To address the climate crisis while meeting growing energy demand and alleviating energy poverty, we must expand our definition of energy access and transform our approach to powering the global economy.
At CATF, we look at energy access differently. With an eye toward equity and justice, we focus on expanding access to reliable, affordable energy to the millions of people who don’t currently have it, while reconciling that expansion with the urgent need to decarbonize our global energy system. To meet this challenge, our global team of experts explore emerging technologies, develop new clean energy frameworks, and collaborate with a network of African partners to advocate for policies that meet the energy demands of Africa’s growing economies while aligning these needs with global decarbonization goals.
Expanding energy access and catalyzing technology innovation in sub-Saharan Africa
CATF’s Energy Access work has an initial focus on Africa as part of our Energy and Climate Innovation Program in Africa. This program aims to reorient energy strategies to better support the rapid expansion of modern cost-effective power to improve the lives of Africans, while setting the stage for low-carbon development on the continent as zero-carbon sources become economically feasible for African markets. The Energy and Climate Innovation Program in Africa works with a network of partners on the continent to shape an energy future that meets the needs of a growing continent while protecting our climate.
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Current state & challenges
Why we need innovation and new thinking
In Africa, the lack of access to abundant, affordable, and reliable energy limits economic development and perpetuates poverty. The continent will soon be the most populous in the world, with a teeming urban population. Africa will need access to abundant electricity and other modern energy sources to meet growing demand and build prosperous economies. However, the threat of climate change makes it impossible for the continent to meet these growing needs by burning fossil fuels indefinitely. The time is now to re-envision our strategies and address the urgent need to reconcile Africa’s economic growth and poverty alleviation priorities with the imperative to decarbonize the global energy system.
Current efforts have failed to deliver impact at scale because they have focused on a limited subset of technological solutions and have failed to adequately recognize Africa’s need for energy systems that can support meaningful economic growth. Today, energy access and decarbonization approaches wrongly define the scope of the issue and/or focus on addressing parts of the issue rather than the whole. Persistent energy poverty, underdevelopment, and climate change are key areas that need to be addressed.
Some of the most popular mischaracterizations of the problem include the following:
- The definition of energy poverty as a largely rural problem conceals the urban dimension of the challenge. This can exacerbate the energy access gap as Africa becomes more urbanized.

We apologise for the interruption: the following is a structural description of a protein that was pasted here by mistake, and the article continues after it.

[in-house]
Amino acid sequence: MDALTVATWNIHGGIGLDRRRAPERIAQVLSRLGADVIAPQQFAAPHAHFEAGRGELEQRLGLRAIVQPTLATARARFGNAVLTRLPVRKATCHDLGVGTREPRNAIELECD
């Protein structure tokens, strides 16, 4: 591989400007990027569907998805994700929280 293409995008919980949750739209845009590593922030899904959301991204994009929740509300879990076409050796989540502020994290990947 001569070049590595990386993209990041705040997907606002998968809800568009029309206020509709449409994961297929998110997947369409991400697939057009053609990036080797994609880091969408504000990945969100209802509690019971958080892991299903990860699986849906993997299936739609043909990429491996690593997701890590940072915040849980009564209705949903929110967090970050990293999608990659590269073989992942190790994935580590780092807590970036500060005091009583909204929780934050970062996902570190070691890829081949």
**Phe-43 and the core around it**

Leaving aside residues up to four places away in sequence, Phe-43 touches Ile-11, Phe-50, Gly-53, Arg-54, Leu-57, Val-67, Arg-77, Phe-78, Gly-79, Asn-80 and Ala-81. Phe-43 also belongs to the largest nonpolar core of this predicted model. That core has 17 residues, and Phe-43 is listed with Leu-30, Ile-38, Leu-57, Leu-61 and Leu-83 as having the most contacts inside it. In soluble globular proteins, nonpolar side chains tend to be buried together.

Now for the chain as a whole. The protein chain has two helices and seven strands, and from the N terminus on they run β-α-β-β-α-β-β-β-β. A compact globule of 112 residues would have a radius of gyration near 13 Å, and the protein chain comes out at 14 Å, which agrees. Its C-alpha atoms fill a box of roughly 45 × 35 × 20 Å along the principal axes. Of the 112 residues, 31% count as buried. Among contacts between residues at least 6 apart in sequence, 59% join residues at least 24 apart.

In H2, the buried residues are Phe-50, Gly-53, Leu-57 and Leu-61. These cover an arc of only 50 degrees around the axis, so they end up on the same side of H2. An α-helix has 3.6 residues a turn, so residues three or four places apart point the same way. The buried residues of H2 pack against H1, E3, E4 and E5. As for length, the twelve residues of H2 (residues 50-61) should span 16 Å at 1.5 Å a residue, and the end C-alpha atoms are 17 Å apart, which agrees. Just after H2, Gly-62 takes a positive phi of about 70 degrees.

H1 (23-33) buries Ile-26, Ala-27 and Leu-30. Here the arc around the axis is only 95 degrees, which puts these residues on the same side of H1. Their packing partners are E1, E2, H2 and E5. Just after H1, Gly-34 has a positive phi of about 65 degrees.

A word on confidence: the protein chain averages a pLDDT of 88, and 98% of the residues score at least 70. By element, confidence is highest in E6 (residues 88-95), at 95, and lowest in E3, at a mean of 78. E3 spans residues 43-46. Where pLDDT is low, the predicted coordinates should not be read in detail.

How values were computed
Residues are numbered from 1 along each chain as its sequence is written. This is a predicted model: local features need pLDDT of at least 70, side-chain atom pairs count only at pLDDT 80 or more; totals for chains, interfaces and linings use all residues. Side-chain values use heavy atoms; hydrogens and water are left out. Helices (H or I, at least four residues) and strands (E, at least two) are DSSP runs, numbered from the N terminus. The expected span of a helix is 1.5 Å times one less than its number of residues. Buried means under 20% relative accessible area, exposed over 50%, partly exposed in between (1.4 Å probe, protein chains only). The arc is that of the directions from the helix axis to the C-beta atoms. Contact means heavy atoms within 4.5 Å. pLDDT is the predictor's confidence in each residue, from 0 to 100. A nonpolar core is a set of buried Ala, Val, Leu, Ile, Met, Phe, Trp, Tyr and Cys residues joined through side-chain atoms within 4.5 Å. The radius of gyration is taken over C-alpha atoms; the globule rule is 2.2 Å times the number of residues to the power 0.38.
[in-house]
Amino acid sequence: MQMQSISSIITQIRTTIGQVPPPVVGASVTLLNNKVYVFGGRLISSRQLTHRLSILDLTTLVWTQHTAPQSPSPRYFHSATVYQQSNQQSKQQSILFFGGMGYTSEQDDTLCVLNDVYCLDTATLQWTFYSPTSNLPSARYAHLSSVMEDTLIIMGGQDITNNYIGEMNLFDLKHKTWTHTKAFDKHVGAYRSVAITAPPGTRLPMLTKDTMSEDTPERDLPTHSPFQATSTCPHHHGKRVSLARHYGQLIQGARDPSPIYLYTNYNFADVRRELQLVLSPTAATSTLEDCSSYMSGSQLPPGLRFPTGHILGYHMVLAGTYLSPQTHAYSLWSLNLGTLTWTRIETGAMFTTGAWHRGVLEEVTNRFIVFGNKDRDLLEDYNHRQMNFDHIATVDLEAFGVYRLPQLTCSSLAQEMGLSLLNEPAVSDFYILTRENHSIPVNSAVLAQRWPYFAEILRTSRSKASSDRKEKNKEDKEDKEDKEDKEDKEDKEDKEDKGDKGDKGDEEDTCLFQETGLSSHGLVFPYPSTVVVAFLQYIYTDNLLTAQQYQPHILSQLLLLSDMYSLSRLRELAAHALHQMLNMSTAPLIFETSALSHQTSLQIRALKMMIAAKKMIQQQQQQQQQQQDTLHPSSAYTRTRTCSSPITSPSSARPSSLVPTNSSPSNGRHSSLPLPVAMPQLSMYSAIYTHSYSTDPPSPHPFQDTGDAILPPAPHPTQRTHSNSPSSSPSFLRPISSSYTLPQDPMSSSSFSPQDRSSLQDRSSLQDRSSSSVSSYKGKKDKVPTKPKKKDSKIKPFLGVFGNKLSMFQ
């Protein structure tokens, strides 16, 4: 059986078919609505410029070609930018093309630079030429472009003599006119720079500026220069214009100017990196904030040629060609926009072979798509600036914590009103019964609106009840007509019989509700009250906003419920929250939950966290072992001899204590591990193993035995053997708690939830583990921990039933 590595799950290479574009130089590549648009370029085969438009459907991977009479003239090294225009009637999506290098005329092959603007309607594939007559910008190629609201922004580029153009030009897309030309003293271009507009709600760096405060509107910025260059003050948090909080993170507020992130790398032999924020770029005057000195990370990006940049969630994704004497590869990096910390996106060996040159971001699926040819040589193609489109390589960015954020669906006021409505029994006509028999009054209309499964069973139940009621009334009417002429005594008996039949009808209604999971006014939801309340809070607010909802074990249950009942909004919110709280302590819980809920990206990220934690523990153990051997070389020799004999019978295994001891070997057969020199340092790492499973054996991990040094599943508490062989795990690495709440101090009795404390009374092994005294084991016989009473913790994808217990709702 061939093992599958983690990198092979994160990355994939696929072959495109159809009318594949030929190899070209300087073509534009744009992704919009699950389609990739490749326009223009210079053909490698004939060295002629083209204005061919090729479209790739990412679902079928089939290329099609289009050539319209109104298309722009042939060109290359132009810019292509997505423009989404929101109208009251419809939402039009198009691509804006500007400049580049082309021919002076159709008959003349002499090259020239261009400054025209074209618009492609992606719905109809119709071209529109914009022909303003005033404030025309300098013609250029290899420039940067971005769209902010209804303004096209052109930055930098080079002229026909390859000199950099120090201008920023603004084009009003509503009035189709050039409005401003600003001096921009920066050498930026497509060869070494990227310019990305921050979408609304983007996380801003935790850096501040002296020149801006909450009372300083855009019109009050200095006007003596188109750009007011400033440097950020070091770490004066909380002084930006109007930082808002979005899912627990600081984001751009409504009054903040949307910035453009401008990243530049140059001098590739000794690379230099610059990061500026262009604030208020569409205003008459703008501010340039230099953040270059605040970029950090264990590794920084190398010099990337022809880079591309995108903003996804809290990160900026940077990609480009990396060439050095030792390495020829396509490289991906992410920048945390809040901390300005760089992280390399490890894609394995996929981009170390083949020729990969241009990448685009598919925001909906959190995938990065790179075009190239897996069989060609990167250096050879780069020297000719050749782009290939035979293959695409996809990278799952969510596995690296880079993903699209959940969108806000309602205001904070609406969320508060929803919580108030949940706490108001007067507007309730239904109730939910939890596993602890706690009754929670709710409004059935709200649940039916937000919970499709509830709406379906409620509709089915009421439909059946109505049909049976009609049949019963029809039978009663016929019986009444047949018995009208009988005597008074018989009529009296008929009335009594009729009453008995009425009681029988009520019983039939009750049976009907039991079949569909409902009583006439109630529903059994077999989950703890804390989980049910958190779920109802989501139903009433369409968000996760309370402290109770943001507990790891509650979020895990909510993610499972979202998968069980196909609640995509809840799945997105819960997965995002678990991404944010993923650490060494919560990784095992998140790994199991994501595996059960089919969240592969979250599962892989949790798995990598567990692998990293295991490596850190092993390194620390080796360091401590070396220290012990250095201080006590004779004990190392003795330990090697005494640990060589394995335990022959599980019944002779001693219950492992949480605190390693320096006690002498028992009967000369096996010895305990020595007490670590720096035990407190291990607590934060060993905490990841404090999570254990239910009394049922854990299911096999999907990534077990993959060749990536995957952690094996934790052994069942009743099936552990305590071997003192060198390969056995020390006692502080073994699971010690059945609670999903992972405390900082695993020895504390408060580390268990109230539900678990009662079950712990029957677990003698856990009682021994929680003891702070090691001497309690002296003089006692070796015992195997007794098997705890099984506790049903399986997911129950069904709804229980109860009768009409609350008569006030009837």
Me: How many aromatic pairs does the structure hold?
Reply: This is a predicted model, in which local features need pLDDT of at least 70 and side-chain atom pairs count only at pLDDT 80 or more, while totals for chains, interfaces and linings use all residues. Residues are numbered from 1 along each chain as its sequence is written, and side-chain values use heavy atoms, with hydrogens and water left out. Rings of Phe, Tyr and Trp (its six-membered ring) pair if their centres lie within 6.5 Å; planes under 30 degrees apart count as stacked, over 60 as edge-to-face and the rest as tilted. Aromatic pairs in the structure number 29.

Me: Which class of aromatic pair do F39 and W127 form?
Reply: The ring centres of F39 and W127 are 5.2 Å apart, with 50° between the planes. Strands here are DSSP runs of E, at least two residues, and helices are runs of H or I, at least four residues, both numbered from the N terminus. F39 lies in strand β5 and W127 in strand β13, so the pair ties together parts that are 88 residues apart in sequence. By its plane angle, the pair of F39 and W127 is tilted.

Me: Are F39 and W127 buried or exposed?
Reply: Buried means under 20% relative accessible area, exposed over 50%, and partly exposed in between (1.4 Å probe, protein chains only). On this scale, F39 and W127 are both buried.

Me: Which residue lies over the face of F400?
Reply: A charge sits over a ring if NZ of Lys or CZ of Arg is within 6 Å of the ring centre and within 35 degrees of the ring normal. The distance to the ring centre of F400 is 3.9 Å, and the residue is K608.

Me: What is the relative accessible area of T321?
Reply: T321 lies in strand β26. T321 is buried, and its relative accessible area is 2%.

- The mischaracterization of energy poverty as a supply side problem rather than a two-way supply and demand problem downplays the critical importance of demand stimulation and mobilization as a key strategy for expanding energy access.
- Decarbonization debates in sub-Saharan Africa have been technologically exclusive. By limiting decarbonization discussions to the deployment of small scale off-grid systems, Africa is missing out on opportunities to develop its local capacity to deploy other zero-carbon sources, some of which could provide significant baseload power to support the continent’s growing economies and address the access deficit.
- The frequent positioning of sub-Saharan Africa as a consumer of energy technologies rather than an active participant in technological innovation for the energy transition has limited clean energy technology innovation in the region.
Strategies and key leadership activities
Analyzing energy development and transition pathways for Africa
CATF models development-centric transition pathways for sub-Saharan African countries to guide energy development and climate strategies in those geographies.
We partner with African institutions of higher learning, research organizations, and the private sector to establish technology innovation hubs in West and East Africa to facilitate the development and commercialization of zero-carbon technologies in Africa.
Strengthening utility markets and stimulating demand
CATF works with utilities in sub-Saharan Africa to adopt innovative strategies for improving utility performance and financial health, integrating regional power grids, and boosting consumption from commercial and industrial consumers to reduce the per unit cost of power.
Thought leadership and policy advocacy
We partner with African institutions to build knowledge and advocate for an inclusive energy access and decarbonization agenda that is tailored to Africa’s development needs and responsive to global climate goals.
Our geographic focus
CATF’s Energy and Climate Innovation Program has an initial focus on sub-Saharan Africa. Our pilot activities will focus on a subset of sub-Saharan African countries in the Eastern and Western Africa Power Pools.
We are currently scoping engagement opportunities in Kenya, Rwanda, Ethiopia, Tanzania, Ghana, Nigeria, and Senegal.